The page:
Wizards 106, Knicks 96: John Wall got into the paint pretty much whenever he wanted, carving up the Knicks defense like Top Chef’s Hung Huynh with a chicken. Wall had 21 points, 9 dimes and just abused the Knicks pick-and-roll defense. Paired with that for the Wizards was the 11-for-20 shooting from three, spacing the floor and making life hard for any defense. Washington took control in the fourth quarter when it shot 68.4 percent and outscored New York 36-23.

The Knicks just seemed flat. With everyone getting healthy in Washington you can’t just show up flat and expect to roll them anymore. So much for the Knicks five-game winning streak, their defense let them down. Carmelo Anthony had 31 for the Knicks, but like the rest of the team he didn’t really have it all going at his peak.

Celtics 99, Raptors 95: If you’ve been following the Raptors this season, you know the story. They get up early, play well through three quarters, and then completely collapse down the stretch. Holding a 10-point lead going into the fourth, Toronto quickly saw it melt away, as Celtics guard Leandro Barbosa went into takeover mode by scoring 12 of his 14 points in the final period.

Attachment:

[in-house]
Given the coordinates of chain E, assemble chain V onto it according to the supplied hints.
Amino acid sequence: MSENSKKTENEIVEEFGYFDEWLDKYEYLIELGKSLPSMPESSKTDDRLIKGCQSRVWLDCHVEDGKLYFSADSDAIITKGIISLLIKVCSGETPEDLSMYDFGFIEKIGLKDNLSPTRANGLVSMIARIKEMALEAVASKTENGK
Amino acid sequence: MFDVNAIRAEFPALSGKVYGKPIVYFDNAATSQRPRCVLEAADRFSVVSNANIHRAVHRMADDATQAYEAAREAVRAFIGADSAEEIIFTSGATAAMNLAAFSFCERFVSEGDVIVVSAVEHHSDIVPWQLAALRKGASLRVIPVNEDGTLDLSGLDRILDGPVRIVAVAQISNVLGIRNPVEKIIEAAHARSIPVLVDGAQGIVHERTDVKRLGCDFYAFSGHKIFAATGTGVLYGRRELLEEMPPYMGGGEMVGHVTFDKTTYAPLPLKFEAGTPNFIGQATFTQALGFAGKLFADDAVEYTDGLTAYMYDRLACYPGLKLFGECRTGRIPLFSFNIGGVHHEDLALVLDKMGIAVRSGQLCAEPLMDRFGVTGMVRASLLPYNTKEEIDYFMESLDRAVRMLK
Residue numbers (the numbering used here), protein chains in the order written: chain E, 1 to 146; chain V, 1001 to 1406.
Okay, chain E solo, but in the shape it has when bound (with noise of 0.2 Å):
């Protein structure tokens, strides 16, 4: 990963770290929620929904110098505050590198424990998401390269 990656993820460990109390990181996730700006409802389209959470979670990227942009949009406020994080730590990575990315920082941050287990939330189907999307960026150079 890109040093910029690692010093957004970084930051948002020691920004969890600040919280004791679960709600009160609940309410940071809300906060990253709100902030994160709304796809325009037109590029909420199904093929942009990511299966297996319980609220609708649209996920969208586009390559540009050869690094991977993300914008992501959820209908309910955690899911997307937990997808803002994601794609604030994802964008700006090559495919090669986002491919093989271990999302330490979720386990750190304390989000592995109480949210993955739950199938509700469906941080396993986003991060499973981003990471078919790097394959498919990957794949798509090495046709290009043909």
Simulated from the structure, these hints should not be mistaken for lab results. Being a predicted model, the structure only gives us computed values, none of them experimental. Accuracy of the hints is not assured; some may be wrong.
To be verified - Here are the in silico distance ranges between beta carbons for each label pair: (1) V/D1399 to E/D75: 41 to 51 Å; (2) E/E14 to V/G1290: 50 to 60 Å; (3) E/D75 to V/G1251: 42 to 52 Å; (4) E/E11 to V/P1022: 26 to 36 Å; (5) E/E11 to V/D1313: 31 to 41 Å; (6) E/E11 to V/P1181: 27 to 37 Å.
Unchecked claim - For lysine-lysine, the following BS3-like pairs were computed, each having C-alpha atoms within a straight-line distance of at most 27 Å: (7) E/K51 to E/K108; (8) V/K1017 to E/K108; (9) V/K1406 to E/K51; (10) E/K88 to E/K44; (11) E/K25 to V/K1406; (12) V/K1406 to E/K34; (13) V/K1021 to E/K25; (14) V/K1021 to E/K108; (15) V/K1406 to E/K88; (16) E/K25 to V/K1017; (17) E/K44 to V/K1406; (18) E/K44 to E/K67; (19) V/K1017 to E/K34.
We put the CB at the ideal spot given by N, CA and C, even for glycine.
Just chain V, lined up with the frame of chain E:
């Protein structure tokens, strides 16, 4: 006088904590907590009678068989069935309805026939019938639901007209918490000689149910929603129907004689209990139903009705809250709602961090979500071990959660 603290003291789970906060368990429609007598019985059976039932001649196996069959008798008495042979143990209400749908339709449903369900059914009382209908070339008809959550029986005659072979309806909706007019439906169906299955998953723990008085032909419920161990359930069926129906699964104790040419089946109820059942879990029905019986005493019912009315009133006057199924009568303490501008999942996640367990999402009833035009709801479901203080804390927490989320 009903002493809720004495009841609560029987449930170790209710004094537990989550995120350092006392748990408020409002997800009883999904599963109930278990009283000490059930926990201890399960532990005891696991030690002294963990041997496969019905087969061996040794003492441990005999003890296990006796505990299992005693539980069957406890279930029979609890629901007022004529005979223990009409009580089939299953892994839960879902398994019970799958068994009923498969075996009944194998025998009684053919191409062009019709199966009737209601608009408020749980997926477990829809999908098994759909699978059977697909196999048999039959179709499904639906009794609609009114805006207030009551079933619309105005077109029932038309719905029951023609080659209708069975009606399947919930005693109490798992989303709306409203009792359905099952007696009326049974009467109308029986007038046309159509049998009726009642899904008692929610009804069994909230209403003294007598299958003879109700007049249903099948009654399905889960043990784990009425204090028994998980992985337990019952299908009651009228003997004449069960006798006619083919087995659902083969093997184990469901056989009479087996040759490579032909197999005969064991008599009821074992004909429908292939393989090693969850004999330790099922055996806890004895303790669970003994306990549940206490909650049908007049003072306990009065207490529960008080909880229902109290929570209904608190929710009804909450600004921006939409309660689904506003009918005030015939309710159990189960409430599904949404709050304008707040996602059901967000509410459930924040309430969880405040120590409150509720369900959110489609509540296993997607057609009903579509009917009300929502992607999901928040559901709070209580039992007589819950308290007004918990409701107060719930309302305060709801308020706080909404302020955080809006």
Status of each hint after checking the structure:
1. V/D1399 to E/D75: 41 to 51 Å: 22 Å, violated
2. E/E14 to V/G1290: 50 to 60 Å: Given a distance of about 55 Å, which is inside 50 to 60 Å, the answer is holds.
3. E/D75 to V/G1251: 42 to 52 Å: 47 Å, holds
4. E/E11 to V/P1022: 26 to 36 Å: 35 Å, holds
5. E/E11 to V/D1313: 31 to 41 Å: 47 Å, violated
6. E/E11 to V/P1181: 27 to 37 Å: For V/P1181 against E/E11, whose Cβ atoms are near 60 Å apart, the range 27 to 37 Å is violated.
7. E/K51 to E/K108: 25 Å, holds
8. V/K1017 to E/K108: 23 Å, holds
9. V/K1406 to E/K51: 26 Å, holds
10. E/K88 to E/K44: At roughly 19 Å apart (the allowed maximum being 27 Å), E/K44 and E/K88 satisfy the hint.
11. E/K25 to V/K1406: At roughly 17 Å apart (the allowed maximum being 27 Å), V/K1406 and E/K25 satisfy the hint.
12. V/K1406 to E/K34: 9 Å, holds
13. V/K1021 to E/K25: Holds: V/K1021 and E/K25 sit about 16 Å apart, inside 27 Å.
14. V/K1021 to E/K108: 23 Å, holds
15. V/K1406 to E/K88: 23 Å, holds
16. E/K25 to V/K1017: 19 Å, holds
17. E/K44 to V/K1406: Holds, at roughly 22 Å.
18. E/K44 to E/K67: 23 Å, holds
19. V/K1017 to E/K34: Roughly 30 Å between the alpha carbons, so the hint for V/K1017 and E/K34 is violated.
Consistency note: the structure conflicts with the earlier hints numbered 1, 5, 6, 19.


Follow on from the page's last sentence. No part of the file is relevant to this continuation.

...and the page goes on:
When it wasn’t Barbosa issuing the damage, it was Kevin Garnett, who led all scorers with 27. KG had a few ridiculous shots fall in, but his jump shooting down the stretch kept the lead cozy and gave the Celtics a 99-95 win.

As for the Rudy Gay-DeMar DeRozan experience? Not so great tonight. A lot of wing players have inefficient nights against Boston, but Gay and DeRozan combined to go 13-for-40 while the Raptors only connected on 4-for-18 as a team from behind the arc. Andrea Bargnani is probably not the savior.
—D.J. Foster